Publishing Partner: Cambridge University Press CUP Extra Wiley-Blackwell Publisher Login
amazon logo
More Info


New from Oxford University Press!

ad

The Vulgar Tongue: Green's History of Slang

By Jonathon Green

A comprehensive history of slang in the English speaking world by its leading lexicographer.


New from Cambridge University Press!

ad

The Universal Structure of Categories: Towards a Formal Typology

By Martina Wiltschko

This book presents a new theory of grammatical categories - the Universal Spine Hypothesis - and reinforces generative notions of Universal Grammar while accommodating insights from linguistic typology.


New from Brill!

ad

Brill's MyBook Program

Do you have access to Dynamics of Morphological Productivity through your library? Then you can by the paperback for only €25 or $25! Find out more about Brill's MyBook program!


Academic Paper


Title: “They live in Lonesome Dove”: Media and contemporary Western Apache place-naming practices
Author: M. Eleanor Nevins
Email: click here to access email
Institution: University of Nevada at Reno
Linguistic Field: Sociolinguistics
Abstract: This article treats a place-naming genre among residents of the White Mountain Apache reservation in which people use English-language mass media discourse to name newly constructed neighborhoods on the reservation, usually with humorous effect. It is argued that these names do not represent simple assimilation to mainstream discursive norms. Instead, they represent the deployment of media discourse according to locally defined speech genres and language ideology to comment on social changes brought about by the new housing developments. As a strategy for engaging with the dominant society, these names are acts of community self-definition that confound mainstream expectations for place names generally, and for Native American place names in particular. They celebrate participation in media discourse, but in terms that privilege reservation insiders. Use of these names constitutes the reservation as an interpretive community in which participation is defined not along nationalistic models of citizenship, but in terms of locally established idioms of sociality.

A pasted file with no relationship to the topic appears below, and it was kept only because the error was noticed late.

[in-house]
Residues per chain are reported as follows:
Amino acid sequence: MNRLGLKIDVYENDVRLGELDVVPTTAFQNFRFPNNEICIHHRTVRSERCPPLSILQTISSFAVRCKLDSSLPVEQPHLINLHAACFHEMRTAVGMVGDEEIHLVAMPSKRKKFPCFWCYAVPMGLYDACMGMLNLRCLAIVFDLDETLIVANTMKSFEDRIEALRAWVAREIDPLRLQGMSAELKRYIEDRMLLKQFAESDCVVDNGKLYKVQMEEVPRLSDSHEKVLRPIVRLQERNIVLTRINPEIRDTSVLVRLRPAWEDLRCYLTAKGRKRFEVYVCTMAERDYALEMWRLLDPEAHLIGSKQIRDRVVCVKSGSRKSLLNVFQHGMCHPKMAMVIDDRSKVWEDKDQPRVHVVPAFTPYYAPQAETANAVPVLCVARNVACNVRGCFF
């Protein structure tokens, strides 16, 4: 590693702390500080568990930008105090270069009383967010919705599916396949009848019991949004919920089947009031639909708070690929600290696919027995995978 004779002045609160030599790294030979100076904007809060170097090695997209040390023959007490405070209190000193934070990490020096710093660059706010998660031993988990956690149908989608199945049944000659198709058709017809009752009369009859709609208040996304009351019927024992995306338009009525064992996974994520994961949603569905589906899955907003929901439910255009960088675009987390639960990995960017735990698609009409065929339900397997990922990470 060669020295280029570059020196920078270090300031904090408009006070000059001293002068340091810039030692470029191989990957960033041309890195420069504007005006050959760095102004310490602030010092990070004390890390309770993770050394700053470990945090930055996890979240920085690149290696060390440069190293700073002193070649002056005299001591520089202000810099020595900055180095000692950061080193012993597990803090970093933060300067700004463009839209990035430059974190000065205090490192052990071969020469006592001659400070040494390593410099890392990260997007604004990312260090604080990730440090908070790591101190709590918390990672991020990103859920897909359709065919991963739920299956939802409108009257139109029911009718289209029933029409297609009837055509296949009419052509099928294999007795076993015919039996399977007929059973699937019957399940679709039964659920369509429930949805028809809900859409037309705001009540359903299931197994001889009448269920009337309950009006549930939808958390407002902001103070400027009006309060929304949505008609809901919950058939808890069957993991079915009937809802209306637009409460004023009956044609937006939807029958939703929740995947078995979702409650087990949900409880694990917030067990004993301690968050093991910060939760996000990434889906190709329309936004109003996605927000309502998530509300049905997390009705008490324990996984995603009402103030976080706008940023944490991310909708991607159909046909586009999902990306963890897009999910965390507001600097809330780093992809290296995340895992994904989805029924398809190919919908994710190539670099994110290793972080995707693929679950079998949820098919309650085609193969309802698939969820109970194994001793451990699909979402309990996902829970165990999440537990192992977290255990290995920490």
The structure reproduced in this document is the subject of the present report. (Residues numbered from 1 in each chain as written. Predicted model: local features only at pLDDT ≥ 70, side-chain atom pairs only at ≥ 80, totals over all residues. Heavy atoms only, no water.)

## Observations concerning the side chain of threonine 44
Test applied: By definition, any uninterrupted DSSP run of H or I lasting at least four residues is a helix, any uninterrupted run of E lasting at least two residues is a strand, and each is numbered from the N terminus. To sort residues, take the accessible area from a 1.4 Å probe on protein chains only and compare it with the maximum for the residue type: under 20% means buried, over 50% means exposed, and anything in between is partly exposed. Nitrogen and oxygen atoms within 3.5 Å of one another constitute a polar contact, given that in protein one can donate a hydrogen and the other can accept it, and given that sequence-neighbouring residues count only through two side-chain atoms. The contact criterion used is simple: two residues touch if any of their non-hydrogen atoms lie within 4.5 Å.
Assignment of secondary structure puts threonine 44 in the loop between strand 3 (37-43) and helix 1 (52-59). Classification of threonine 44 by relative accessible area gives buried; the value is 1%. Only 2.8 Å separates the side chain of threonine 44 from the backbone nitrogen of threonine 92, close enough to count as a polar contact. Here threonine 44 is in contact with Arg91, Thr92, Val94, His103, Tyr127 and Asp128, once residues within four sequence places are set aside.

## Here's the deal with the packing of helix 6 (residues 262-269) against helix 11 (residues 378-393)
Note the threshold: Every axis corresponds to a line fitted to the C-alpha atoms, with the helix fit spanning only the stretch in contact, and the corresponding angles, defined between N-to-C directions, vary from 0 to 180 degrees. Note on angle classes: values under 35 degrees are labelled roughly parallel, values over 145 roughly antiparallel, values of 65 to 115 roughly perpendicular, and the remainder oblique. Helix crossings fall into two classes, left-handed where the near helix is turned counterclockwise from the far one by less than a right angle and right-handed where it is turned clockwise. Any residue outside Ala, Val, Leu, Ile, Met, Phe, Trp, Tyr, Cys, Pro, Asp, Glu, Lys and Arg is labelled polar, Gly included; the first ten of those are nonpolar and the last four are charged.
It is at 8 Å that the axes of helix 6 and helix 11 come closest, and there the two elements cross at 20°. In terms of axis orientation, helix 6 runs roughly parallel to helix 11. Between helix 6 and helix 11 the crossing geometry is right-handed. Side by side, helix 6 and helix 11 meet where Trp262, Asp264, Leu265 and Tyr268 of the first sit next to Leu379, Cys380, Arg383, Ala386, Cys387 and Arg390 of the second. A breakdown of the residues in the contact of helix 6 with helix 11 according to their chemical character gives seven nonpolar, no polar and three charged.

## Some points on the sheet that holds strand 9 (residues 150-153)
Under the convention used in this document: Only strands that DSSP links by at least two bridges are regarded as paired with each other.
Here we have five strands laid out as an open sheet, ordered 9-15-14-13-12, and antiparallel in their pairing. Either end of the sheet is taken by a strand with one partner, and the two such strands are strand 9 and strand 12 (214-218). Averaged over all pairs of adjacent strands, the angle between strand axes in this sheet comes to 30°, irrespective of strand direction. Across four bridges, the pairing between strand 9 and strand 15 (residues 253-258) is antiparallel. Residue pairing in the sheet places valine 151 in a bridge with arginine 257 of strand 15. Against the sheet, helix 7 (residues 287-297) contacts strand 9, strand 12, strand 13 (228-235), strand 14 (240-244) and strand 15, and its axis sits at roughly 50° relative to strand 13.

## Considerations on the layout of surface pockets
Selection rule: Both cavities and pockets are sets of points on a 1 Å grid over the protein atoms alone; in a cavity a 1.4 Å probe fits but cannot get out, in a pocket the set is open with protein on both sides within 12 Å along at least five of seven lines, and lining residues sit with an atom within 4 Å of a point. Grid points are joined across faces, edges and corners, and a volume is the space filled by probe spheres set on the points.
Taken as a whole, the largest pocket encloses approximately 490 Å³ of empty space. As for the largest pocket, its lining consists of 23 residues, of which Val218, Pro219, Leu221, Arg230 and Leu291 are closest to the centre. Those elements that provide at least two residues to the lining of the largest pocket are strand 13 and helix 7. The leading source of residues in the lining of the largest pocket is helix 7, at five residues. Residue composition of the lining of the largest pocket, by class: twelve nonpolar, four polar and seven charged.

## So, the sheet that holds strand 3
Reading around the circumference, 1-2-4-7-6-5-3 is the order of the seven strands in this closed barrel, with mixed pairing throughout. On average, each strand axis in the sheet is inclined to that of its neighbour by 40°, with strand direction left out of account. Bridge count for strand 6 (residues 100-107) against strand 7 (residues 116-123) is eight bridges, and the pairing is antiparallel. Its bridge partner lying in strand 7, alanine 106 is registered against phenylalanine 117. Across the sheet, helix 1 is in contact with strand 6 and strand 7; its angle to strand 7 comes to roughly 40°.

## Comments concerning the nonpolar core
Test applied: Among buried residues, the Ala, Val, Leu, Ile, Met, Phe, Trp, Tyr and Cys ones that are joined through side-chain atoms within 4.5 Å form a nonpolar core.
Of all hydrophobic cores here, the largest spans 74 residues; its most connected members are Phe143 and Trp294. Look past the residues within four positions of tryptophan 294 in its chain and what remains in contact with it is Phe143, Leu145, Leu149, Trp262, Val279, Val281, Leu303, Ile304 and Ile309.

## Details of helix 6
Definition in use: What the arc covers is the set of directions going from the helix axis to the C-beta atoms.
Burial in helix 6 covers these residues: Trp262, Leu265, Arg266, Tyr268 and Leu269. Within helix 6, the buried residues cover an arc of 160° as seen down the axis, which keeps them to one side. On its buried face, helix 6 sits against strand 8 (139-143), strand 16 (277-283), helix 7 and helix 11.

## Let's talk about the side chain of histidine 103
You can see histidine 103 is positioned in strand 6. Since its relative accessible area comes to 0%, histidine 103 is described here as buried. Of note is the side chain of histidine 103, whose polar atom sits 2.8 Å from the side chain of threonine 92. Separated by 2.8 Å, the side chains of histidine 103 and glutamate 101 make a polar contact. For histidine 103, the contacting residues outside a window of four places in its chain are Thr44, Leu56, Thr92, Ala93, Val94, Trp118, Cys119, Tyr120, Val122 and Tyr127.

CUP at LINGUIST

This article appears in Language in Society Vol. 37, Issue 2, which you can read on Cambridge's site or on LINGUIST .



Back
Add a new paper
Return to Academic Papers main page
Return to Directory of Linguists main page